Hong Kong Telecom launched a telemedical service platform named DrGo last year. Teresa Ng, Head of Marketing at HKT Limited, said that Hong Kong people are hesitant about online transactions because of potential fraud and internet security issues. Therefore, DrGo’s entire system design, cloud and data storage is managed in Hong Kong, with a local team working to ensure internet security. Also, the service platform has been designed based on guidelines from the Hong Kong Medical Council to protect the interests of patients, doctors and medical institutions.

Businesses share tips on post-pandemic branding
The pandemic has changed purchasing preferences and consumer behaviour. In light of this, businesses have to enhance their brand image to rebuild trust with their customers and drive business development. In the session titled “Developing your Brand in Post-Pandemic Era”, representatives from three local brands shared how they broke through their brand image and repositioned themselves according to market needs and the new norm in consumer behaviour.

Aldric Chau, Head of Retail, e-Commerce & Travel Partnerships at Cathay Pacific Airways Limited, pointed out that online merchants often list a large number of products on their e-shops, taking an untargeted approach. However, this approach can make it difficult for customers to choose the products they need. With this in mind, Cathay Pacific did a lot of market research and communicated with their customers to understand their needs. Eventually, they selected some 10,000 products and partners. “The most important part of a purchasing process is after the checkout. I see this as the golden time to communicate directly with customers,” Mr Chau said. “In the past year, we have put a lot of effort into improving our after-sales and delivery service. We strived to shorten our delivery time and to improve our service quality. By November this year we were able to deliver products within one day, and the customer satisfaction level rose straight up to 80% that month.”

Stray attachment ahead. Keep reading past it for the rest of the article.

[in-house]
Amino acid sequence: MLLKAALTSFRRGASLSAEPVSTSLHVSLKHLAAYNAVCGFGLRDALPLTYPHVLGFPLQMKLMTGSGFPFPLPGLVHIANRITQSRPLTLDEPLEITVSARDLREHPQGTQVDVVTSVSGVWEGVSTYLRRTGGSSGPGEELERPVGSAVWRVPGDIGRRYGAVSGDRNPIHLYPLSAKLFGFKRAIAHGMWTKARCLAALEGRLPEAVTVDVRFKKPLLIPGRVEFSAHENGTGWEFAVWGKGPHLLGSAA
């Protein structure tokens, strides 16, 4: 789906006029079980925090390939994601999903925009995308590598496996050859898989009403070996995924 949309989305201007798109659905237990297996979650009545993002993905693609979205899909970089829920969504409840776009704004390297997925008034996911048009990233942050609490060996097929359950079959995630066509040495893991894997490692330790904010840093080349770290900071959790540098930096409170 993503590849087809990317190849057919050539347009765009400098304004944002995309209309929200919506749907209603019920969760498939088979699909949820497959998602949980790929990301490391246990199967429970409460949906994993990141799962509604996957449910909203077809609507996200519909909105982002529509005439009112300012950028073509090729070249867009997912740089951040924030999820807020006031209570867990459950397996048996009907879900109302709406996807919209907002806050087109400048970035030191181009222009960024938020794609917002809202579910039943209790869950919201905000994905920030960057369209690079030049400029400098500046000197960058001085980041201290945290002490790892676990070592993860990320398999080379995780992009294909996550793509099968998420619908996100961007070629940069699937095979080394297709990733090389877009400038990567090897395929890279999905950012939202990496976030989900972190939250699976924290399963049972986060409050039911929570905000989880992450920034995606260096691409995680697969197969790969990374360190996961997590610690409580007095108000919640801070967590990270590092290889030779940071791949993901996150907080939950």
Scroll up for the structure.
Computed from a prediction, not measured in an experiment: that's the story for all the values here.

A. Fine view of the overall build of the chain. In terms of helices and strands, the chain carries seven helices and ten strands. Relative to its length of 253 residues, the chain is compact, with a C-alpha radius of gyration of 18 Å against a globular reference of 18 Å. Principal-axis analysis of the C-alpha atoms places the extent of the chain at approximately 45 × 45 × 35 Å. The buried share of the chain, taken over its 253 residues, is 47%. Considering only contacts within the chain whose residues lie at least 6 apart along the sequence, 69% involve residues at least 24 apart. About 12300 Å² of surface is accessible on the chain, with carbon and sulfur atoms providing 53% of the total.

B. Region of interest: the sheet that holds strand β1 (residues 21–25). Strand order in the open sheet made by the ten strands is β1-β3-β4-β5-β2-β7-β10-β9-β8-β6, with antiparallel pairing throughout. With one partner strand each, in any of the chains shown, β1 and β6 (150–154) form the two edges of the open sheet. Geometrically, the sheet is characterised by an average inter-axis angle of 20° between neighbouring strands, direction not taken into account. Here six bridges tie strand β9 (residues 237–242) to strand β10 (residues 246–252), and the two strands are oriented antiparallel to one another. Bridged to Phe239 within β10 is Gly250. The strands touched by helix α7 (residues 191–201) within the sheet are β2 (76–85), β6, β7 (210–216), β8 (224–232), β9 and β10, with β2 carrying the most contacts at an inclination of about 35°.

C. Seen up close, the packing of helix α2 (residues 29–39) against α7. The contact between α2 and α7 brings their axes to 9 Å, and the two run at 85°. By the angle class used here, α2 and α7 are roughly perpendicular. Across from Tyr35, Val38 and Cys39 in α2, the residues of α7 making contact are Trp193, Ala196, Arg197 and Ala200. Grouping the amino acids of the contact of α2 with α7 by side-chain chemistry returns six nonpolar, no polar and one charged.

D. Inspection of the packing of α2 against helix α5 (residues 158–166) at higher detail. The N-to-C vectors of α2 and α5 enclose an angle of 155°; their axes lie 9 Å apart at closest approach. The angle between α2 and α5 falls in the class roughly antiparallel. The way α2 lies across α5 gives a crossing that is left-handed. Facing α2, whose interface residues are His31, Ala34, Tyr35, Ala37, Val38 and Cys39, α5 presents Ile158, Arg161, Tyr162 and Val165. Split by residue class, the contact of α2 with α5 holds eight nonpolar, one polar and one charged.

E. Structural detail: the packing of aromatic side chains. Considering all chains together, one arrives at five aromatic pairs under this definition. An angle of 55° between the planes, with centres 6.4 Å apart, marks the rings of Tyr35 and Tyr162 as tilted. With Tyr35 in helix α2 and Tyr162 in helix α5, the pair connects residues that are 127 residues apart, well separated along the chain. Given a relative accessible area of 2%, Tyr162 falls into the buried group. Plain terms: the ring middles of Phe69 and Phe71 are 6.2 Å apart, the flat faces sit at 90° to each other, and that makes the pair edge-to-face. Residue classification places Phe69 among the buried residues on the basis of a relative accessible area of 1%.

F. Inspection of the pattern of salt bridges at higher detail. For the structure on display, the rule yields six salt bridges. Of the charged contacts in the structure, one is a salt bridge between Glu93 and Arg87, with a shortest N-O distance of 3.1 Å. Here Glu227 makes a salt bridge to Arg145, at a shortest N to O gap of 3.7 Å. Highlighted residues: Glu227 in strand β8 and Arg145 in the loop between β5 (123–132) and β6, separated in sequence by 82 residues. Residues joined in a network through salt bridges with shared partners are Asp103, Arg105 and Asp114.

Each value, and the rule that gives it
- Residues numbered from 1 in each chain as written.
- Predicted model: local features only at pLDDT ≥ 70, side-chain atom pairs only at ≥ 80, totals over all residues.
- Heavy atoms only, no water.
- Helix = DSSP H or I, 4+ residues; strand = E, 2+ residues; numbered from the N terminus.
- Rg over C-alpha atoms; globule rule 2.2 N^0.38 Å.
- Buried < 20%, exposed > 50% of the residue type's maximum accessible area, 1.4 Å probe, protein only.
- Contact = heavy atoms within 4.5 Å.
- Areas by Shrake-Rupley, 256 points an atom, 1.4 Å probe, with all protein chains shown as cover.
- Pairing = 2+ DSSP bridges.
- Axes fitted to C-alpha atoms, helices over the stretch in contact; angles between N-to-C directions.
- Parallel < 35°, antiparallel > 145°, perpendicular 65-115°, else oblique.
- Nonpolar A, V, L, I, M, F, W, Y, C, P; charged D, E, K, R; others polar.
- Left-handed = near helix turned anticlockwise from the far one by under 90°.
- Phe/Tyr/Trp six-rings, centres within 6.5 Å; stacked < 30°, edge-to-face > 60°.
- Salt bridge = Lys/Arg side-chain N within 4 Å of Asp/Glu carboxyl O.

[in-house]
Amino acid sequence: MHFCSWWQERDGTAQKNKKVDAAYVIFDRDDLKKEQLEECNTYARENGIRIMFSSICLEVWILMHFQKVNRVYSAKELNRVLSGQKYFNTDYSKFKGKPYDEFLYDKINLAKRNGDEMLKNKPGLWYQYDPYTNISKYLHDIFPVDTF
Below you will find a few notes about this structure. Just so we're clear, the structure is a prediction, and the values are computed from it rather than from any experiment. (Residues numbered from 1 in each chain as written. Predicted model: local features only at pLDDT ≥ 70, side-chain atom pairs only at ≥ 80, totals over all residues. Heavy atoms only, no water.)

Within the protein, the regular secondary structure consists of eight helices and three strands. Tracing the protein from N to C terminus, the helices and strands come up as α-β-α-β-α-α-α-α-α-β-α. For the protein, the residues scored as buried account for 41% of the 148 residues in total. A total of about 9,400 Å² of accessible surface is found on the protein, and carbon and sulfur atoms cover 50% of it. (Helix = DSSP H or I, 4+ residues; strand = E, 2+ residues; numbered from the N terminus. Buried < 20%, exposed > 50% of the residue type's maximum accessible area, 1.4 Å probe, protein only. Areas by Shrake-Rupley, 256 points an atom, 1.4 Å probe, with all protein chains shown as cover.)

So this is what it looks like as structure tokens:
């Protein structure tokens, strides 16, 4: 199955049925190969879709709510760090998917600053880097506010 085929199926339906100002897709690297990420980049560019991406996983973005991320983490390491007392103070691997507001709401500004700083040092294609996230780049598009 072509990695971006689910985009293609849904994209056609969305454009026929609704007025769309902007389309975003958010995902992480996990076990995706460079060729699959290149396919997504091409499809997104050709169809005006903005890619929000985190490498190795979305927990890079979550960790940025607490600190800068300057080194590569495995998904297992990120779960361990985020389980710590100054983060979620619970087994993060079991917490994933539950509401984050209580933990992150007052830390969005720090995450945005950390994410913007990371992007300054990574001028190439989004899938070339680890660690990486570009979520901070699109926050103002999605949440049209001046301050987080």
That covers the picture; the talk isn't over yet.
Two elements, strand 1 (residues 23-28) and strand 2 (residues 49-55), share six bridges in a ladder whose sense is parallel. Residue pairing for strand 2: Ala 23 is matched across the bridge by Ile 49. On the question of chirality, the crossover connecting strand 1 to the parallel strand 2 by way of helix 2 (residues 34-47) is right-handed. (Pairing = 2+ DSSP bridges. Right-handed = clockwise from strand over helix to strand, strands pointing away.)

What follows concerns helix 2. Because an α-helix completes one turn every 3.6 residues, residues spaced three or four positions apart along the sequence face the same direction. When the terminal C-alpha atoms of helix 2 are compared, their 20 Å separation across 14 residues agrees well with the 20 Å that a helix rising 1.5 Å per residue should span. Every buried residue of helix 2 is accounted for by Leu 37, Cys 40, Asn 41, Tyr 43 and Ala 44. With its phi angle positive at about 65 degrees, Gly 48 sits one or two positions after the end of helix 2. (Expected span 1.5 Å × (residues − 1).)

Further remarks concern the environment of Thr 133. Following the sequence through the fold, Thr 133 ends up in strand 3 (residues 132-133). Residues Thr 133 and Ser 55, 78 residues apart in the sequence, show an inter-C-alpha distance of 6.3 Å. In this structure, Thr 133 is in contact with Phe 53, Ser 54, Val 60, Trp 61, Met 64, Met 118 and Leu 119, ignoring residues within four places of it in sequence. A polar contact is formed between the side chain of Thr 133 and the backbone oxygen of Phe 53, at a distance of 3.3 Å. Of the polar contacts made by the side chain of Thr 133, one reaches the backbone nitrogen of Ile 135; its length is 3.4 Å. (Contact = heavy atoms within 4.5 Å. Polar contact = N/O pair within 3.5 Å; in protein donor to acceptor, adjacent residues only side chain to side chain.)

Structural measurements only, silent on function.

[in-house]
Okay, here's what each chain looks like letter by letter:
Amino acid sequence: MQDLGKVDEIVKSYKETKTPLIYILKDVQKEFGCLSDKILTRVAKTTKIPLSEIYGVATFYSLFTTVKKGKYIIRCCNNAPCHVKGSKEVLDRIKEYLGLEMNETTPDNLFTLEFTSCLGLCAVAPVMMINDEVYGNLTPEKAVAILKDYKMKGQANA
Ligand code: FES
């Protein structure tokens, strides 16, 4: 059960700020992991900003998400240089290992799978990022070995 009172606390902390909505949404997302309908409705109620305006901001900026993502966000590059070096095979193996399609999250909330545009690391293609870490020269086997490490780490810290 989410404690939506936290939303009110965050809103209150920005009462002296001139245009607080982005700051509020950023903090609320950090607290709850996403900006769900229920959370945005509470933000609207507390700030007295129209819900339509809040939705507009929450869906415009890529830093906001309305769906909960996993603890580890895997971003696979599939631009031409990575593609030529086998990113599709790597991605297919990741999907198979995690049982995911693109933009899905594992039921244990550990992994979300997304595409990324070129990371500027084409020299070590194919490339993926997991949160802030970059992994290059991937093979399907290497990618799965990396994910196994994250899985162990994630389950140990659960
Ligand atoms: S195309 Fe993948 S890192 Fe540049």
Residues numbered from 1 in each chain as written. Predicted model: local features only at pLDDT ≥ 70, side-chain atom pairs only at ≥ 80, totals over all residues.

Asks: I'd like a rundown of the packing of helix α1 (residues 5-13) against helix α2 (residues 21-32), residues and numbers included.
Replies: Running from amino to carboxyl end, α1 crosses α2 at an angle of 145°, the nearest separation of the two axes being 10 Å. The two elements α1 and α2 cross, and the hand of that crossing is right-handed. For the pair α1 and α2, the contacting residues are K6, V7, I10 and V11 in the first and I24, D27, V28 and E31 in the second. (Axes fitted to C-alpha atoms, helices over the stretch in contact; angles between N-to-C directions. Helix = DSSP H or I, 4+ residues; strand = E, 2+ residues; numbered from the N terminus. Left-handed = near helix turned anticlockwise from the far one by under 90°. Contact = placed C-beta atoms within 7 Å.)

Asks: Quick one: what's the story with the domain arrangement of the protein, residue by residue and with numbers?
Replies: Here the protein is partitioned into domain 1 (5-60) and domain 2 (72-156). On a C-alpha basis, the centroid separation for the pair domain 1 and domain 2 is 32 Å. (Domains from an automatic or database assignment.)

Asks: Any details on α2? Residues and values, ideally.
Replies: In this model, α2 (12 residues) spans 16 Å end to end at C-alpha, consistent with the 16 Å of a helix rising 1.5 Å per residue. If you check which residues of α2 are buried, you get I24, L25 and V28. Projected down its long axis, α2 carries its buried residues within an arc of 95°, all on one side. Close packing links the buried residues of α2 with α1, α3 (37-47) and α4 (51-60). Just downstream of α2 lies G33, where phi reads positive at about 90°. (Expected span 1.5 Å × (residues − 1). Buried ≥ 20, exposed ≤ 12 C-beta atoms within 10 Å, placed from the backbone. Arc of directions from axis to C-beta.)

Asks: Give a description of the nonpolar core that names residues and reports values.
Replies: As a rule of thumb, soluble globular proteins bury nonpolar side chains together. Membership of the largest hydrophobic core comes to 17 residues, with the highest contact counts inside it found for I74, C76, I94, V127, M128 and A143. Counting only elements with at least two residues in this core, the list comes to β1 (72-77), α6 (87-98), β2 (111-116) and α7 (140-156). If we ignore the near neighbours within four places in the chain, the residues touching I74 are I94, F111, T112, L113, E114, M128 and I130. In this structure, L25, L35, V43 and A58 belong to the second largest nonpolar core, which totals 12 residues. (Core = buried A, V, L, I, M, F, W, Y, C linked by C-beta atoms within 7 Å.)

Andy Lau, Managing Director of Ngong Ping 360, said the cable car company has experienced pressure maintaining its operations with international travel brought to a halt. Therefore, they worked with their colleagues and potential partners neighbouring Ngong Ping 360 to drive change and made it through this difficult time. “While foreign visitors choose to visit a place based on their itinerary, local visitors have completely different expectations. They are more purposeful, and they want their experience to be one that can be shared with others and spread joy. They are generally having higher expectations and will look at the details in depth. Therefore, we need to launch different promotion offers to target different customer groups,” Mr Lau explained.

Percy Kwan, Marketing Director of Klook, said the company has put more local travel products on its platform than it did previously. “We would say that we are not a ‘travel tech company’, but a ‘tech travel company’. Whereas traditional companies digitalise at the operational level, Klook is a technology-driven company that puts its focus on travel. In face of drastic changes, the strong technology that backs the company will be of enormous help in enabling us to develop in other industries.”

– HKTDC Entrepreneur Day: https://portal.hktdc.com/eday/en
– Business of IP Asia Forum: https://bipasia.hktdc.com/en/
– HKTDC SmartBiz Expo: https://portal.hktdc.com/smartbizexpo/en/
– Photo download: https://bit.ly/3ImUmlQ

The Hong Kong Trade Development Council (HKTDC) is a statutory body established in 1966 to promote, assist and develop Hong Kong’s trade. With 50 offices globally, including 13 in Mainland China, the HKTDC promotes Hong Kong as a two-way global investment and business hub. The HKTDC organises international exhibitions, conferences and business missions to create business opportunities for companies, particularly small and medium-sized enterprises (SMEs), in the mainland and international markets. The HKTDC also provides up-to-date market insights and product information via trade publications, research reports and digital news channels. For more information, please visit: www.hktdc.com/aboutus. Follow us on Twitter @hktdc and LinkedIn

Media enquiries:
HKTDC’s Communications & Public Affairs Department
Angel Tang, Tel: +852 2584 4544, Email: angel.hc.tang@hktdc.org
Clayton Lauw, Tel: +852 2584 4472, Email: clayton.y.lauw@hktdc.org